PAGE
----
That’s not eugenics. It’s choice!

Holy shit, this is immoral.

As I wrote of Singer previously, when you travel down this path, you have to ask if the world is made for you. Is the world comfortable for people like you? Is it safe? Is it just? If the world is made for you, then perhaps it makes sense to turn it away from the lives of others. But if it is not, then i suggest that you join all of us for whom it is not made, and make as much common cause as you can.

Throwing up terms such as “clouded”, “frustrated,” and “un-realized” to describe the lives and potentials of those with disabilities, Singer engages in a dilettante’s defense of genocide, a casual argument for the annihilation of countless people. What is a frustrated life? To be queer in a straight society? A woman under pressure from a patriarchal culture? To be a person of color in a white dominated world?

Living as a person in a “world system whose major economic impulses and cultural investments are directed away” from you? (Bhabha, LoC, as always) This world is not made for a person with disabilities, and the structure of the assumptions of society enforce an exclusion that is both casual and active. The stairs to a courthouse bar access just as much as the prejudice one might encounter within. This world is not made for a person with disabilities, and I will tell you that this is a choice. Is the world made for you?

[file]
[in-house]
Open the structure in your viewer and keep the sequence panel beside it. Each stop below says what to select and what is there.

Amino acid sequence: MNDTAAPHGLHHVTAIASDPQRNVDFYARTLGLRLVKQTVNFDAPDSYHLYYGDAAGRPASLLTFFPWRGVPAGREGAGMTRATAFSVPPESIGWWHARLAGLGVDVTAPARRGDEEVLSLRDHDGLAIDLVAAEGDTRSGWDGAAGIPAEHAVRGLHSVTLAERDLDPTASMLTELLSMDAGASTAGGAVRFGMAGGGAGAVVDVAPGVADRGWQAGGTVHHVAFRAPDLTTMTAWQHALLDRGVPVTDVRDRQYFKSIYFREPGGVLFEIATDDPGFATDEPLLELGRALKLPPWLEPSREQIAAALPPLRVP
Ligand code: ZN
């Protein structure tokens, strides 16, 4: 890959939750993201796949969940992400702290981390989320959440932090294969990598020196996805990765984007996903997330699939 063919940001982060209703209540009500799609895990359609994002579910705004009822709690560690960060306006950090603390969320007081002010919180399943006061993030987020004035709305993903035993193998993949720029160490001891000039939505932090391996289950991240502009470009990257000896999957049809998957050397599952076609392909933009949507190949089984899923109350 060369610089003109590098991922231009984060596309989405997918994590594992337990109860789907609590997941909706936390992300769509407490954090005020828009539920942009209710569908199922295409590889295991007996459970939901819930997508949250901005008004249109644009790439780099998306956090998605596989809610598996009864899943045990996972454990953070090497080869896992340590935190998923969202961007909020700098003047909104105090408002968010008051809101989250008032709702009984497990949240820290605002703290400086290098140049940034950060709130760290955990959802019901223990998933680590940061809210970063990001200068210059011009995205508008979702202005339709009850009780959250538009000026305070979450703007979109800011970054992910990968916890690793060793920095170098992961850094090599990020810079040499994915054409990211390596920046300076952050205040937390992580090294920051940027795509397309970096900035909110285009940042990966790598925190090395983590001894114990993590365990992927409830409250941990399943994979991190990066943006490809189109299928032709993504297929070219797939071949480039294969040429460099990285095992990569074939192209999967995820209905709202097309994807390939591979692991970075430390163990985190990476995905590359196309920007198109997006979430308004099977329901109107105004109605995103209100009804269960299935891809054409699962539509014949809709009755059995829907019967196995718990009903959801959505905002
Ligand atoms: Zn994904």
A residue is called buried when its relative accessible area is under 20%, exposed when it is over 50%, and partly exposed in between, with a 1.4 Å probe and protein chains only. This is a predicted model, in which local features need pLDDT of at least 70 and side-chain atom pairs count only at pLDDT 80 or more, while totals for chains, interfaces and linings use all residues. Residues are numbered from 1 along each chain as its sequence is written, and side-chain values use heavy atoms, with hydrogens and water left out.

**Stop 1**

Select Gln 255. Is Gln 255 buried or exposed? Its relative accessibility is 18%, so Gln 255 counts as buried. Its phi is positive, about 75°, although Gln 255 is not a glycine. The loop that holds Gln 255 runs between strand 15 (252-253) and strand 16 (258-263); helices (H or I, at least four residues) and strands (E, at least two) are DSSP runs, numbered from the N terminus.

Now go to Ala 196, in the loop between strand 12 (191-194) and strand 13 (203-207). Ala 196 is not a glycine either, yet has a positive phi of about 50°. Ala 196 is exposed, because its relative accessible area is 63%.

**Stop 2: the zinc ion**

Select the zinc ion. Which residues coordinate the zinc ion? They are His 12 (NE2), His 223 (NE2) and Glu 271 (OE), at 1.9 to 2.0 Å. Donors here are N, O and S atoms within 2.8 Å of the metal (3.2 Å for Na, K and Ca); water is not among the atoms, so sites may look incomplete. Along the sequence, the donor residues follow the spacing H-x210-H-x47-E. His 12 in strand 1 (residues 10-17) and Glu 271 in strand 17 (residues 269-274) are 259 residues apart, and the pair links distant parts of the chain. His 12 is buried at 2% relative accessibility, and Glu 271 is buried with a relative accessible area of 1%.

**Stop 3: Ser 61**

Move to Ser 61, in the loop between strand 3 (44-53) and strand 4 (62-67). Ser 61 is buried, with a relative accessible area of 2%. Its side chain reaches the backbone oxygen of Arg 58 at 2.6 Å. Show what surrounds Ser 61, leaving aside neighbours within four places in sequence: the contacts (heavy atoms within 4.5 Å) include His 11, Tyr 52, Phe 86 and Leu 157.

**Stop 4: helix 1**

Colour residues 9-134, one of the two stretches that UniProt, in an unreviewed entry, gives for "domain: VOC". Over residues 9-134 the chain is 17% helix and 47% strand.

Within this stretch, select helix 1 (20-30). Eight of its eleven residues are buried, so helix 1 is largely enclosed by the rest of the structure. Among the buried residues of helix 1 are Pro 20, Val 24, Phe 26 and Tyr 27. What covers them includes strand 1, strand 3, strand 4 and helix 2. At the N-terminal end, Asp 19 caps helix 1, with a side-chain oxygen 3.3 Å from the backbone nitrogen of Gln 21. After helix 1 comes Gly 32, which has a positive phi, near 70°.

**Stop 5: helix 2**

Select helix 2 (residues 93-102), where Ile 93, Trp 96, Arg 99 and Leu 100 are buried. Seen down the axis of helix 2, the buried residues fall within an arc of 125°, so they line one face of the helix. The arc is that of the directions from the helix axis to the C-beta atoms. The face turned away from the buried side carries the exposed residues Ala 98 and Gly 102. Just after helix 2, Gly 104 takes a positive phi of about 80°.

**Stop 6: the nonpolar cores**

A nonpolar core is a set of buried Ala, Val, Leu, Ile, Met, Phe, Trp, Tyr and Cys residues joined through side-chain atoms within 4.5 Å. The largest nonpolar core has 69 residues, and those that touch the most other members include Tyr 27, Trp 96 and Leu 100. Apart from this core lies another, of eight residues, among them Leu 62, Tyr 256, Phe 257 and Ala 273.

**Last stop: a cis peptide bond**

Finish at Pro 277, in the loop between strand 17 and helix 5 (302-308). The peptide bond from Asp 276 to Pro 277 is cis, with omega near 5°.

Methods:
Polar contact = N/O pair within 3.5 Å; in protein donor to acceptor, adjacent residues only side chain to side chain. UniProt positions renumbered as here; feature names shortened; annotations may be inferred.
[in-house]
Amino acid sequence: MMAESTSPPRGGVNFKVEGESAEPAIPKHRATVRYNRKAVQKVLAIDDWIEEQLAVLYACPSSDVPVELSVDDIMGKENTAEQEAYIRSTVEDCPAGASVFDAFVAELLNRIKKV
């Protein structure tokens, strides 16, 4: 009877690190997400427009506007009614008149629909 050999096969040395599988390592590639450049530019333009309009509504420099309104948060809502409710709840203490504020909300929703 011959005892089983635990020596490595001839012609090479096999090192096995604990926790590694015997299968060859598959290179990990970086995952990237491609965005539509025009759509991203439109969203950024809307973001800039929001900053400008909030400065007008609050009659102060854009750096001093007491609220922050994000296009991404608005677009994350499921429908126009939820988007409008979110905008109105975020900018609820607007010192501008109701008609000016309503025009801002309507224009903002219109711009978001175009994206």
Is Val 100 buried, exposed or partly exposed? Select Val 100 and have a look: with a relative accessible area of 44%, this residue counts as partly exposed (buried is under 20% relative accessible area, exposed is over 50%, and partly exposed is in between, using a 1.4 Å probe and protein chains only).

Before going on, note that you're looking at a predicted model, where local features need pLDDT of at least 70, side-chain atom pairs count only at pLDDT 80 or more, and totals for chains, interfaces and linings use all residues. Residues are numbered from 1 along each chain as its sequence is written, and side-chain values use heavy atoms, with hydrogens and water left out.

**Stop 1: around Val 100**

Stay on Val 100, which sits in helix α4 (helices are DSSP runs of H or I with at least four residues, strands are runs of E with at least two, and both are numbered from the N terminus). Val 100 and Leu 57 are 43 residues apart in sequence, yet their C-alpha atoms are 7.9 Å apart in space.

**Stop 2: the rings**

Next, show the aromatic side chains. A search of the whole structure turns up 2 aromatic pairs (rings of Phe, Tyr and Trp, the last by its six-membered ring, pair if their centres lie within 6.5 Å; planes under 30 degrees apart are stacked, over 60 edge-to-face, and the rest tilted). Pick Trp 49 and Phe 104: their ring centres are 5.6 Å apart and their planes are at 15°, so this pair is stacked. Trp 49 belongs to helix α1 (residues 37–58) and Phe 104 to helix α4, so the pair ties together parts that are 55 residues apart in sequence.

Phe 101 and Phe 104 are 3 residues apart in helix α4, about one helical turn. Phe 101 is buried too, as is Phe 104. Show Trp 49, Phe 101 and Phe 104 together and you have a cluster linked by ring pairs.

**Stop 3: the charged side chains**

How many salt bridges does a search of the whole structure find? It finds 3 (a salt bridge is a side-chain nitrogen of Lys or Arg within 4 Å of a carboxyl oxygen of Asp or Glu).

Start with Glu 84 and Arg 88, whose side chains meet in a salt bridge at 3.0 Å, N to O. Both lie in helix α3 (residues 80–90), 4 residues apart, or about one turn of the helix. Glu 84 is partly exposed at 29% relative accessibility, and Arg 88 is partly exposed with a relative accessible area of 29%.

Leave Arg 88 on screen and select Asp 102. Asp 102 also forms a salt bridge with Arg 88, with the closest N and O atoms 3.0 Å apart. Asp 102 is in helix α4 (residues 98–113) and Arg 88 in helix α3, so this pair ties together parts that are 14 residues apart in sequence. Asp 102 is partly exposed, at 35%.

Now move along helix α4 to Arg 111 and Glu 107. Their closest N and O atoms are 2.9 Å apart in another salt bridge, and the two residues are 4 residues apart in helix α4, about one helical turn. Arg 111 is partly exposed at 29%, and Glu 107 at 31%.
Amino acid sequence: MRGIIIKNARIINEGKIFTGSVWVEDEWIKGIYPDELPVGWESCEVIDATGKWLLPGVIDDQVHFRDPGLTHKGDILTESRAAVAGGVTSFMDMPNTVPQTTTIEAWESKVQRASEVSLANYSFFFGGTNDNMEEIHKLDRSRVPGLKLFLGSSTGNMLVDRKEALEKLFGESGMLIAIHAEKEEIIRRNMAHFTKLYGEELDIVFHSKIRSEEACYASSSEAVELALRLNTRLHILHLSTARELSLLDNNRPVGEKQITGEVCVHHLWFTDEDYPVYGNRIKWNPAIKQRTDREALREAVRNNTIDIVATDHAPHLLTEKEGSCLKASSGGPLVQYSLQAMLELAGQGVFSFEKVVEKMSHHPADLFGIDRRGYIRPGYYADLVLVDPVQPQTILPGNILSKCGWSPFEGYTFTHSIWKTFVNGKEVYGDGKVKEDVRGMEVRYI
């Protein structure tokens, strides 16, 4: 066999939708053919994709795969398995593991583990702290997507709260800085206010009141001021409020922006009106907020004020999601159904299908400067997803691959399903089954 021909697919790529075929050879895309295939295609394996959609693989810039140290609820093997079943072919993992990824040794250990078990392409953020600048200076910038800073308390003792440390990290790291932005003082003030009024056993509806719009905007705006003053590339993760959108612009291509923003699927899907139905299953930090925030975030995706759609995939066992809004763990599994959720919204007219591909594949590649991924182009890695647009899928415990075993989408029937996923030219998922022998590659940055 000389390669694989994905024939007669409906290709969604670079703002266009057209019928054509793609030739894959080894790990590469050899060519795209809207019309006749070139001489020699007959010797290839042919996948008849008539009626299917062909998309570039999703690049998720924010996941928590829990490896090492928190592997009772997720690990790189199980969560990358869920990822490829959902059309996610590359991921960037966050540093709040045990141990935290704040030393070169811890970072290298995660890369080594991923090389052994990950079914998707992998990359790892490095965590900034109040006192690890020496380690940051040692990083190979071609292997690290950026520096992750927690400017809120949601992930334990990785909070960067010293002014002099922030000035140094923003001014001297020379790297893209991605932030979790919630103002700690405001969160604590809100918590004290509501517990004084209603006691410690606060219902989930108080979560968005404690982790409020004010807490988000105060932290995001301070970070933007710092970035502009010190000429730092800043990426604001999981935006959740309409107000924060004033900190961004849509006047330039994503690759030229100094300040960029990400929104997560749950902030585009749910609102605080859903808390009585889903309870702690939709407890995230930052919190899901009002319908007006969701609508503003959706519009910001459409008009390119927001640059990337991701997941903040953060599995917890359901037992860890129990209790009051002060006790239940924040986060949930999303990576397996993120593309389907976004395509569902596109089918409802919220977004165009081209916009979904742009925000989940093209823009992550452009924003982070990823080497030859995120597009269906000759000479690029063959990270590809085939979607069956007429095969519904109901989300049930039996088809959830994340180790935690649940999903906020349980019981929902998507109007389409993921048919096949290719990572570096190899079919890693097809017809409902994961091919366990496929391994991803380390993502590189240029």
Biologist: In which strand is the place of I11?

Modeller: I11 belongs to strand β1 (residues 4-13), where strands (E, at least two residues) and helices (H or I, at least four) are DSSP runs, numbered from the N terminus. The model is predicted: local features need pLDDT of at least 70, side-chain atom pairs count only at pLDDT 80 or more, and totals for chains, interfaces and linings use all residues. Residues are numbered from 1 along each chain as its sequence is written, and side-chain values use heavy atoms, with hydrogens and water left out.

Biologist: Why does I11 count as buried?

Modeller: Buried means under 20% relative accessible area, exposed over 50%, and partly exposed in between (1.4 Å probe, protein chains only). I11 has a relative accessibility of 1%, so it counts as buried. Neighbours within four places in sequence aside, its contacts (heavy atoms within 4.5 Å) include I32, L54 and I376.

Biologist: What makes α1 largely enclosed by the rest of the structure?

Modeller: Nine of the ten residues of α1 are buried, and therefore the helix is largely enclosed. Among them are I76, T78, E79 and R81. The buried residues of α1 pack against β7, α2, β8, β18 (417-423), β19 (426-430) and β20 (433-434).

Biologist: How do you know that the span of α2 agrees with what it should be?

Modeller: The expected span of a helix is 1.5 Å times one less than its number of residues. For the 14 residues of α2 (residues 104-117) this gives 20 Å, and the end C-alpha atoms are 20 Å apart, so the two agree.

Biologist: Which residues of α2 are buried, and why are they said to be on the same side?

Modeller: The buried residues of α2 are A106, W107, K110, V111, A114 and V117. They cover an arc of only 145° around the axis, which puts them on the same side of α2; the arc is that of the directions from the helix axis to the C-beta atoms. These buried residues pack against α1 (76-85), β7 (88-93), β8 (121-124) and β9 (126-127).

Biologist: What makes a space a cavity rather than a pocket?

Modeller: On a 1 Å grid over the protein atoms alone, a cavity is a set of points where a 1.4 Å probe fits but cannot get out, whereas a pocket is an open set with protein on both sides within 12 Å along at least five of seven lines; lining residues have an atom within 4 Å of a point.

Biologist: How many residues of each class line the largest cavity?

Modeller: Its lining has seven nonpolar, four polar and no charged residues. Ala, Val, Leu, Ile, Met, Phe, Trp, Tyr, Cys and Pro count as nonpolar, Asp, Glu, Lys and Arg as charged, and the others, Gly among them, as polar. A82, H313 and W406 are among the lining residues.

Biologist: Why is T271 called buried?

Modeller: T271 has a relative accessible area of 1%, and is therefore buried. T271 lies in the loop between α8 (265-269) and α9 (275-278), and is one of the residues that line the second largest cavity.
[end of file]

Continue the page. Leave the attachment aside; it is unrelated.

The rest of this post is from what i commented there.

First, let’s blow the “it’s the mother who bears the burden” argument away. It’s hardly her sole domain, and it’s insufficient to mention parents who aren’t the birth mother…assuming that there is one.

Further more, since when was the responsibility of a child solely the domain of parents? What parent of a able bodied child doesn’t get tax breaks, the offer of public education, opportunities for insurance for their child. etc.. I’ve been in NYC this past week, and there are billboards all over about the summer meals program, to let parents know that food subsidies are available at public schools for their kids. As insufficient as many of these supports are, they reveal a recognition how ever slim, that the work of raising children is communal. No child may be left soley at the discretion of those who raise hir. The existence of a child is one of stewardship, the guard and watch of one who will become a agent and self unto their own.

So why don’t we offer respite care? In home nursing? Support for caregivers?

That certain lives are marginalized or made difficult is not an ontological fact. It is a social reality created by the choices we make and don’t make.

There are plenty of genetic conditions that America makes difficult…but with most of them, we have at least begun to realize that there are social choices afoot. Incorrect ones, that assign difficulty and stigma unjustly.

Disability is social. Not medical.

We could choose to make it easier to live for these people, support their families in loving them.

We choose to call them burdens, and call their lives expendable.

What does that say?